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Going carbon neutral can be realised more easily and cost-effectively than many firms might imagine

Release date:
28 August 2018
Carbon neutrality can be an affordable and achievable objective of any company’s emission-reduction plan. Alongside the clear environmental benefits, there is a strong business case for cutting your net carbon footprint to zero.
“The time to get involved in meeting the climate challenge is now. The United Nations’ Paris agreement of 2015 sets out how we must permanently reduce global emissions – and companies need to investigate how to be part of the solution,” Andrea argues. “Firms aiming to become carbon neutral and/or develop carbon-neutral goods and services usually make efficiency savings in the process, while also boosting their reputations. What’s more, going carbon neutral doesn’t have to be daunting – it’s a pretty simple step to take.”


To achieve this status, a business must measure its total carbon footprint, commit to a reduction plan and then offset any residual emissions. The offsetting process works on the principle that, for each tonne of greenhouse gas a firm emits, the equivalent emission can be averted or removed elsewhere by purchasing carbon credits issued by offsetting projects around the world, such as reforestation programmes or renewable-energy schemes.

Andrea Abrahams
BP Target Neutral’s Global Director, Andrea Abrahams says the benefits of carbon-neutral goods, services or even organisations can be realised more easily and cost-effectively than many firms might imagine.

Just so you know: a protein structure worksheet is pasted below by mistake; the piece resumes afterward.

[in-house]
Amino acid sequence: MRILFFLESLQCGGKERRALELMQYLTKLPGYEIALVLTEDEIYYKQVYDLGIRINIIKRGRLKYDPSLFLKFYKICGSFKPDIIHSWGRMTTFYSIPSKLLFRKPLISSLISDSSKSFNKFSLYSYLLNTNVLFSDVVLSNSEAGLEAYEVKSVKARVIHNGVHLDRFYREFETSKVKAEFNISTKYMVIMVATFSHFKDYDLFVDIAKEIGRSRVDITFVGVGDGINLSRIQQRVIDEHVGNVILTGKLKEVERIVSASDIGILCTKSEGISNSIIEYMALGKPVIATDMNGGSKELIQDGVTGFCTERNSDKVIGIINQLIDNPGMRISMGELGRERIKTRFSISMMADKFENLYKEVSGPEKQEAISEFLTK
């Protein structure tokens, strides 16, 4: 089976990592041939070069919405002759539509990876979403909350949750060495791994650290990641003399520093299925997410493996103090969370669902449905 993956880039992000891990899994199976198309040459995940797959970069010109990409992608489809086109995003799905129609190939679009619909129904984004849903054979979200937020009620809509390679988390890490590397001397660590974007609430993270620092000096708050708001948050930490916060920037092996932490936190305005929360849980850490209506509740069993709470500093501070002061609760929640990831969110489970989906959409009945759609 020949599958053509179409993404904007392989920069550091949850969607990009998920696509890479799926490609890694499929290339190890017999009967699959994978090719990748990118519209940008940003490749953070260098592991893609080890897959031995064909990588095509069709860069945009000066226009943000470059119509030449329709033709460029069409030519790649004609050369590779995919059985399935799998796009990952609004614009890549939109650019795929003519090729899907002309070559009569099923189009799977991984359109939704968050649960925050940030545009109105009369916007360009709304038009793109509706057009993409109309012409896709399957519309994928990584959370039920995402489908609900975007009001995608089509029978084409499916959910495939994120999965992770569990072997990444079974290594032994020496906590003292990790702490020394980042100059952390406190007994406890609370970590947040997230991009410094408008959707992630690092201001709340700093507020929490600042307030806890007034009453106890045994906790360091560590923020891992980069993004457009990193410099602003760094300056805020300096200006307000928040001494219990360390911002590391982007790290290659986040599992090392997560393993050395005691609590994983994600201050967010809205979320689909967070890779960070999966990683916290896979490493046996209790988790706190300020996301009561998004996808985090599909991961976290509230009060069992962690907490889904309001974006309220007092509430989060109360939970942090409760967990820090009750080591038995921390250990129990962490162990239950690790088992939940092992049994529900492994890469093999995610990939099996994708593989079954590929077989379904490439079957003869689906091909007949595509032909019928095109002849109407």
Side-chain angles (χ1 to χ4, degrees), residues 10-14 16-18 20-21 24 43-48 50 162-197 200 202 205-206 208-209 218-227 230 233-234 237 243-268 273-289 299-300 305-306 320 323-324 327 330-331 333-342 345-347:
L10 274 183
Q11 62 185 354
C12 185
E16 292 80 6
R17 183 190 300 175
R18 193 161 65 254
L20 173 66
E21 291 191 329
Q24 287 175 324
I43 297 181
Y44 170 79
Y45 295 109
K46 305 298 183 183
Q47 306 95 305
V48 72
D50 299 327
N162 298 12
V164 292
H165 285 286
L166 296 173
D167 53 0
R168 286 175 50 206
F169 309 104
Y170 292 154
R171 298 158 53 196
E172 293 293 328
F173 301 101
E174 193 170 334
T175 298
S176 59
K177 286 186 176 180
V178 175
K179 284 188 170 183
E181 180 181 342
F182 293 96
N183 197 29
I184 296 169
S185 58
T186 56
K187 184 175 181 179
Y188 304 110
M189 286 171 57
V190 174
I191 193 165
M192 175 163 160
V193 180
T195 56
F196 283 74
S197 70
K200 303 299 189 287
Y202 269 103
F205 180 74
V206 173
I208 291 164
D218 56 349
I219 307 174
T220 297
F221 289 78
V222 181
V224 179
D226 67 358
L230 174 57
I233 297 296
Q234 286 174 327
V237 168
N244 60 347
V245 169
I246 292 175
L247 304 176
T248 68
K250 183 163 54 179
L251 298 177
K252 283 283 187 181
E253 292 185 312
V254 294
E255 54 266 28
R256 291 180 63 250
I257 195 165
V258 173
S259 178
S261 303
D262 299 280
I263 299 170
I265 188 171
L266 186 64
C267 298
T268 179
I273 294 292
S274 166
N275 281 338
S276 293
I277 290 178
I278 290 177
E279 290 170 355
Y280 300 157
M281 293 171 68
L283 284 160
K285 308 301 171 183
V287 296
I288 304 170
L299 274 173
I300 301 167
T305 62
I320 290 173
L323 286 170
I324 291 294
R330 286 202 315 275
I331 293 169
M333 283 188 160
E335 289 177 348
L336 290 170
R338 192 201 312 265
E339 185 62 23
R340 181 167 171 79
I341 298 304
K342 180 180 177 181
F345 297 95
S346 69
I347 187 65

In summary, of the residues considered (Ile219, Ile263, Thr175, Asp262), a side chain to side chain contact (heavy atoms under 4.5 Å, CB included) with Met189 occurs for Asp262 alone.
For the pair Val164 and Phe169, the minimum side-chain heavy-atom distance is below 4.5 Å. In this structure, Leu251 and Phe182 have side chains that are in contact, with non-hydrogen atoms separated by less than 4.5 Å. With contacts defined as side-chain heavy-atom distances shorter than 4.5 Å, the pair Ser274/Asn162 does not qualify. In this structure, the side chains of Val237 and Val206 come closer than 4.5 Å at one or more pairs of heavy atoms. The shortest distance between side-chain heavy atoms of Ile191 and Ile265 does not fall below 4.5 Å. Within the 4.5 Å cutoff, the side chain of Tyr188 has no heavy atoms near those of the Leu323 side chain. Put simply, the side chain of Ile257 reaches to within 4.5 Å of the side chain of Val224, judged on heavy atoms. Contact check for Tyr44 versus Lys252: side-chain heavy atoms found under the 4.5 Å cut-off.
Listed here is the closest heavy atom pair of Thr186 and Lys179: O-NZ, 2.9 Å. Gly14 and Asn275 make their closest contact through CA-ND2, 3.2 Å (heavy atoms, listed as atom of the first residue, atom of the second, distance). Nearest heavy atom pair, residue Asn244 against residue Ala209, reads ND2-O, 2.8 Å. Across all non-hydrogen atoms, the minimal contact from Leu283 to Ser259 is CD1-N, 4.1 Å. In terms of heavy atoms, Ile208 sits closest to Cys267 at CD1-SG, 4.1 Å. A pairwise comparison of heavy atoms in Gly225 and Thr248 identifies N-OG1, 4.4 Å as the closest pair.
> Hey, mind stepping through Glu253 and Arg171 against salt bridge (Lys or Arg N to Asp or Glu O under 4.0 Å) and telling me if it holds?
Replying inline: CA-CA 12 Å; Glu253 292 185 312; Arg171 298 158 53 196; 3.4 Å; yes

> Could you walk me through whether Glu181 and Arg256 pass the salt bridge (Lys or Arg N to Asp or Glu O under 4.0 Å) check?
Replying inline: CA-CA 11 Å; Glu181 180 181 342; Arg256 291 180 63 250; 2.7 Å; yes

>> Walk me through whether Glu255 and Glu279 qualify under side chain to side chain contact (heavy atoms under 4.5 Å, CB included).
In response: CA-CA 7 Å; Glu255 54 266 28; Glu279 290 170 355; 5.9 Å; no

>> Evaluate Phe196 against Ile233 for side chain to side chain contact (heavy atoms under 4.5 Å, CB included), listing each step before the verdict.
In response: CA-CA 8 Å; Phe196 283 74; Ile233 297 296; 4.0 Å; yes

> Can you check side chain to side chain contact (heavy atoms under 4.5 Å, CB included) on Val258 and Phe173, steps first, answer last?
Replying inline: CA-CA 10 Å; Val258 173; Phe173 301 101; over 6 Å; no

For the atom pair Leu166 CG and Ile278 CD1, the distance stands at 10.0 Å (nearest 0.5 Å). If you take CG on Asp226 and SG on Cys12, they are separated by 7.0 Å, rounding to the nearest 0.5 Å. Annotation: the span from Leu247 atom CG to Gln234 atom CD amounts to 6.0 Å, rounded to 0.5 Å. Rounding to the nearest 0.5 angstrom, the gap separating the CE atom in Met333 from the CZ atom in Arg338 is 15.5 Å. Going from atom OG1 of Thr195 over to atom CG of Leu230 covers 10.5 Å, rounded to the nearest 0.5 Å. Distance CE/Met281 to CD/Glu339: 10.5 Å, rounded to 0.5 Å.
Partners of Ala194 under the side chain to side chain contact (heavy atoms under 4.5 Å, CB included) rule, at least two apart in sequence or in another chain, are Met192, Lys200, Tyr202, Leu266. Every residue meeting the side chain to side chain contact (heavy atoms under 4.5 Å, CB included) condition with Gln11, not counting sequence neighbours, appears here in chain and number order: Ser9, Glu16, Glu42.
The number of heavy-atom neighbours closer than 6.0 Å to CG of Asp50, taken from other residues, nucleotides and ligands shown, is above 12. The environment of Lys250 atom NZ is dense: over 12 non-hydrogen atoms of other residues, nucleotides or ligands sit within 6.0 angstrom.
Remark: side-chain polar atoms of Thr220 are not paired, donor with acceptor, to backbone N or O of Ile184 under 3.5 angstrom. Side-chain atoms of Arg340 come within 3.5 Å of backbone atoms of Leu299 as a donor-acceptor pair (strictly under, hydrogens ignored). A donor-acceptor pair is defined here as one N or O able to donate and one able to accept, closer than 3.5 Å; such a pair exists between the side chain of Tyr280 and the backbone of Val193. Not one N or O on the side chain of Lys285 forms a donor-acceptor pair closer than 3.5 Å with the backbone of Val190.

First emerging after the Kyoto protocol on climate change was agreed in 1997, offsetting has had its critics. Some companies may remain sceptical about its effectiveness, but Andrea believes that “it’s a tool that’s come of age. Offsetting is a well-managed and carefully monitored process with lots of safeguards, so people should feel assured that a carbon credit represents a genuine emission reduction.



“Offset standards have also continued to improve. More and more people in the industry now know what ‘good’ looks like, while there is help from associations such as the not-for profit International Carbon Reduction and Offset Alliance, which has established a code of best practice.”



A holistic approach

Andrea stresses that offsetting is


“one of a number of tools that a company should use to achieve carbon neutrality."


To permanently cut your firm’s emissions, it’s first vital to tackle all major sources across its operations. That might involve initiatives such as improving its energy efficiency and switching to a renewable supplier. Many firms will reach a point where they mistakenly think that they can’t take things any further until more effective or affordable technology becomes available – but they can, because offsetting is always available.


What’s more, it’s affordable. The average offset cost across the BP Target Neutral portfolio this year is about £3 per tonne of CO2 equivalent and investing in offsetting projects can benefit local communities in many ways. These include the creation of jobs, the reduction of poverty and ill-health, and the promotion of gender equality.


Last but not least, carbon-neutral status can serve as a powerful marketing tool, while the process of achieving it can drive down costs.


Andrea says.


“It’s a relatively affordable way to differentiate your company from its rivals. Consumers are becoming increasingly interested in low-carbon and carbon-neutral offerings, so this can boost the power of your brand,” she says. “Working towards the long-term goal of carbon neutrality will, through an increase in energy efficiency and a reduction in waste, almost certainly take cost out of a business.”